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HomeMedico-LegalPsychological report on existing children key to surrogacy plans – judge

Psychological report on existing children key to surrogacy plans – judge

Three judges in the Gauteng High Court (Pretoria), led by Deputy Judge President Aubrey Ledwaba, recently had to deal with the issue of whether as a rule, a clinical psychologist should first assess existing children in a family to determine whether they were prepared for the outcome of surrogacy or not, hearing submissions from nine academics – including four professors – who assisted as friends of the court.

Surrogacy has become a big topic in the country’s courts over the years, as every surrogate motherhood agreement must first be confirmed by the court before prospective parents can go ahead, reports The Mercury.

If the court does not endorse such an agreement, it is illegal.

In an earlier judgment, Judge Brenda Neukircher had developed criteria and ordered that the interests of existing children on both sides should also be considered, highlighting the importance of the surrogate’s children being prepared for a pregnancy. She ruled that if children were old enough, they too should be counselled.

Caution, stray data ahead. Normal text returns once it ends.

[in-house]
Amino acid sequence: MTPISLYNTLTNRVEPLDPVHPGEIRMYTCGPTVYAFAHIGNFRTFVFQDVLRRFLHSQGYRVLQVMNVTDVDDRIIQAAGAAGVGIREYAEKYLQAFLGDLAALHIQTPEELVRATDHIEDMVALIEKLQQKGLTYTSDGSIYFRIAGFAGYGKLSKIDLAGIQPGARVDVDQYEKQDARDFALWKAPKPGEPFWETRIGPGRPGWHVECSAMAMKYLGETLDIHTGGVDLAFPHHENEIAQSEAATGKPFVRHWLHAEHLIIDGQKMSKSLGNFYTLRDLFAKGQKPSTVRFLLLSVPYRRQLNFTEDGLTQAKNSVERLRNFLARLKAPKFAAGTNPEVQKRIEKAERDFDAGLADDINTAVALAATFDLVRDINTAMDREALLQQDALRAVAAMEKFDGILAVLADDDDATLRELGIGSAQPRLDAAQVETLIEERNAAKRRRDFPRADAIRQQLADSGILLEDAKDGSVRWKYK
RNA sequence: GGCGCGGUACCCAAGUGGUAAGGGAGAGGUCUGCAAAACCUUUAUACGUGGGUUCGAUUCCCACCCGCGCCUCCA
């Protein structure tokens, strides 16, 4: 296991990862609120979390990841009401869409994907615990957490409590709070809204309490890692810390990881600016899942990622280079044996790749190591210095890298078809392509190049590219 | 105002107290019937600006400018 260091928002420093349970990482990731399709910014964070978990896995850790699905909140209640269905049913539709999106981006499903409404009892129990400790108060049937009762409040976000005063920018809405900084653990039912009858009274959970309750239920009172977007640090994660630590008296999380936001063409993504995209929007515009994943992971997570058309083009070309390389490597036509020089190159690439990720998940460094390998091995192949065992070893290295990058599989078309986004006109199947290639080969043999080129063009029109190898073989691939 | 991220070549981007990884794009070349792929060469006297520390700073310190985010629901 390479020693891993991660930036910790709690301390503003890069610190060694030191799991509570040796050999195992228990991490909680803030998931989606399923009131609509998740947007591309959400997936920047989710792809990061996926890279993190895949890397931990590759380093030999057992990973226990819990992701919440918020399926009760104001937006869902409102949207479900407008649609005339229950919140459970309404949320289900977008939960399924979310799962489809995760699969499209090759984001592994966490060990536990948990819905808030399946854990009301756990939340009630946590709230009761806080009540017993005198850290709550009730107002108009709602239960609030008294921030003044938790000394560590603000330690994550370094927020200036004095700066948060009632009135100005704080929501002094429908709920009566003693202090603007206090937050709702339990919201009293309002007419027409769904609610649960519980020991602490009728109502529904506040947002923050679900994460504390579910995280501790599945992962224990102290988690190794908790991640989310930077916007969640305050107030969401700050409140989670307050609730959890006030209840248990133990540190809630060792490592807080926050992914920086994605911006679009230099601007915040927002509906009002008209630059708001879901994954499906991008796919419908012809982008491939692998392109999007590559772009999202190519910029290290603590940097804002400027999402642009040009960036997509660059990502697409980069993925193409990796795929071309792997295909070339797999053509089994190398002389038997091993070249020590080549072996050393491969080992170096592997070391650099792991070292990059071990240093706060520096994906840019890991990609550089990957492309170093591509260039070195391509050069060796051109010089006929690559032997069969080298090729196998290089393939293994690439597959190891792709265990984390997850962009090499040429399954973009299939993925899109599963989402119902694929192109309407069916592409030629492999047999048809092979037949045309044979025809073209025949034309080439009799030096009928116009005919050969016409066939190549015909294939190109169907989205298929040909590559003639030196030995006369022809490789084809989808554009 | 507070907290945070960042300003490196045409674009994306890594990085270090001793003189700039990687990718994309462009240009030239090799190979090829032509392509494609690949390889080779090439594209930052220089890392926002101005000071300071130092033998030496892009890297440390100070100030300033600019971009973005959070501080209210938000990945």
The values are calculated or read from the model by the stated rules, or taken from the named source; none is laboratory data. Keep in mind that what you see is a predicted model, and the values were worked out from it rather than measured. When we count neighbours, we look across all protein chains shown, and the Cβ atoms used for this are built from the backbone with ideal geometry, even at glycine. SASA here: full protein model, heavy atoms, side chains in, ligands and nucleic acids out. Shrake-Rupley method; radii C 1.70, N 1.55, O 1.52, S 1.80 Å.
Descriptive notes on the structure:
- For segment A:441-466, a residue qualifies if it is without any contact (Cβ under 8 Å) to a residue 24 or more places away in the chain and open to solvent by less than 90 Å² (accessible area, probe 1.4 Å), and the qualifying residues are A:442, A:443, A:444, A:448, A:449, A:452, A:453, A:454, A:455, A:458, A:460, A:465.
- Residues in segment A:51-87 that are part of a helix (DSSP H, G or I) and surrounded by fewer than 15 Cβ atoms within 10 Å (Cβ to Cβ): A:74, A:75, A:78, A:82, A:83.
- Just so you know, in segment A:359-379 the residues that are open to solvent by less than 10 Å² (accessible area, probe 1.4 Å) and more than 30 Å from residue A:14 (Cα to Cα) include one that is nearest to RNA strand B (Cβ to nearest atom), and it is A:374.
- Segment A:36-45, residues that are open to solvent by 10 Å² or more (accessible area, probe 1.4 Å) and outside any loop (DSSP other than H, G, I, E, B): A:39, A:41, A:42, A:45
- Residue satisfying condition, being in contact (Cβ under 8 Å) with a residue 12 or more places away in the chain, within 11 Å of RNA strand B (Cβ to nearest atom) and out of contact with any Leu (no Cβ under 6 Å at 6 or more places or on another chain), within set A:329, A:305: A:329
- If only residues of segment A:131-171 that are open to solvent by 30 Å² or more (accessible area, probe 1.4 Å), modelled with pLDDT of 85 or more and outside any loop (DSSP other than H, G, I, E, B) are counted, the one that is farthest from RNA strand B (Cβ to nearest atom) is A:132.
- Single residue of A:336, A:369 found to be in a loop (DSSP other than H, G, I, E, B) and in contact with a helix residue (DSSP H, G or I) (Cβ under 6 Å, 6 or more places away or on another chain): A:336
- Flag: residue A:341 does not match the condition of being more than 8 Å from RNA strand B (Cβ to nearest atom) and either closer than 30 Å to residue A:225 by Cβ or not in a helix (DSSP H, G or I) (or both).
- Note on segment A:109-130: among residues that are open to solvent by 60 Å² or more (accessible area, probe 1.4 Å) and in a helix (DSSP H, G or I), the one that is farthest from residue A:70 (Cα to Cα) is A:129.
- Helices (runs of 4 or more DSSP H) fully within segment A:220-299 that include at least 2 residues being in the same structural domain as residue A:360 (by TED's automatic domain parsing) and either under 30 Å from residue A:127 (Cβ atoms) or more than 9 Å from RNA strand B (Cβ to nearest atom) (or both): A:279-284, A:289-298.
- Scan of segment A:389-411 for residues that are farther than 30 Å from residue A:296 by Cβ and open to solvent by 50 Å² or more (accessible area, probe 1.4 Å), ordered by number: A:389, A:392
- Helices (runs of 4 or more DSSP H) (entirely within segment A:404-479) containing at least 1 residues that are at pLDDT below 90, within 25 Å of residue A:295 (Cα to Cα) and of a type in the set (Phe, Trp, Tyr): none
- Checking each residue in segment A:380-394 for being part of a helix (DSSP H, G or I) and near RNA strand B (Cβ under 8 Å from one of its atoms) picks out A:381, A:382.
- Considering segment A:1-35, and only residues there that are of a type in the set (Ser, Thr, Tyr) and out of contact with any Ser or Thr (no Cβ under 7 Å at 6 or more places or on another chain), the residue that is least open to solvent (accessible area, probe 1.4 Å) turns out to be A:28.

In the latest case, Ledwaba called on academics in health and family law to shed more light on the questions, especially on what was in the children’s best interests, as the court was faced with three more surrogacy applications.

The court concluded that …the child’s best interest should be determined by the facts of individual circumstances, rather than application of general rules.

“While the interests of a particular child may be served by psychological evaluation, it is not the case that the best interest of children, generally, is served by mandatory psychological evaluation,” the judge said, adding that under the Children’s Act, it was important to ensure parents were capable of catering for the children’s needs, including their emotional needs.

It was thus important for a court to consider the “emotional availability” of the parents through an adequate psychological report before surrogate agreements can get the green light.

Judge Ledwaba ruled that while it was not a requirement to obtain an expert opinion on whether the existing children were prepared for the expansion of the family via surrogacy, the courts still had a discretion in this regard.

 

The Mercury PressReader article – Consider interests of existing children in surrogacy plans, courts told (Open access)

 

See more from MedicalBrief archives:

 

‘Genetic link’ stipulation in Children’s Act foils infertile man’s surrogacy bid

 

Medical assessment to be required for surrogacy agreements – Gauteng High Court

 

Rare medical incident gives rise to legal tussle over surrogacy

 

 

 

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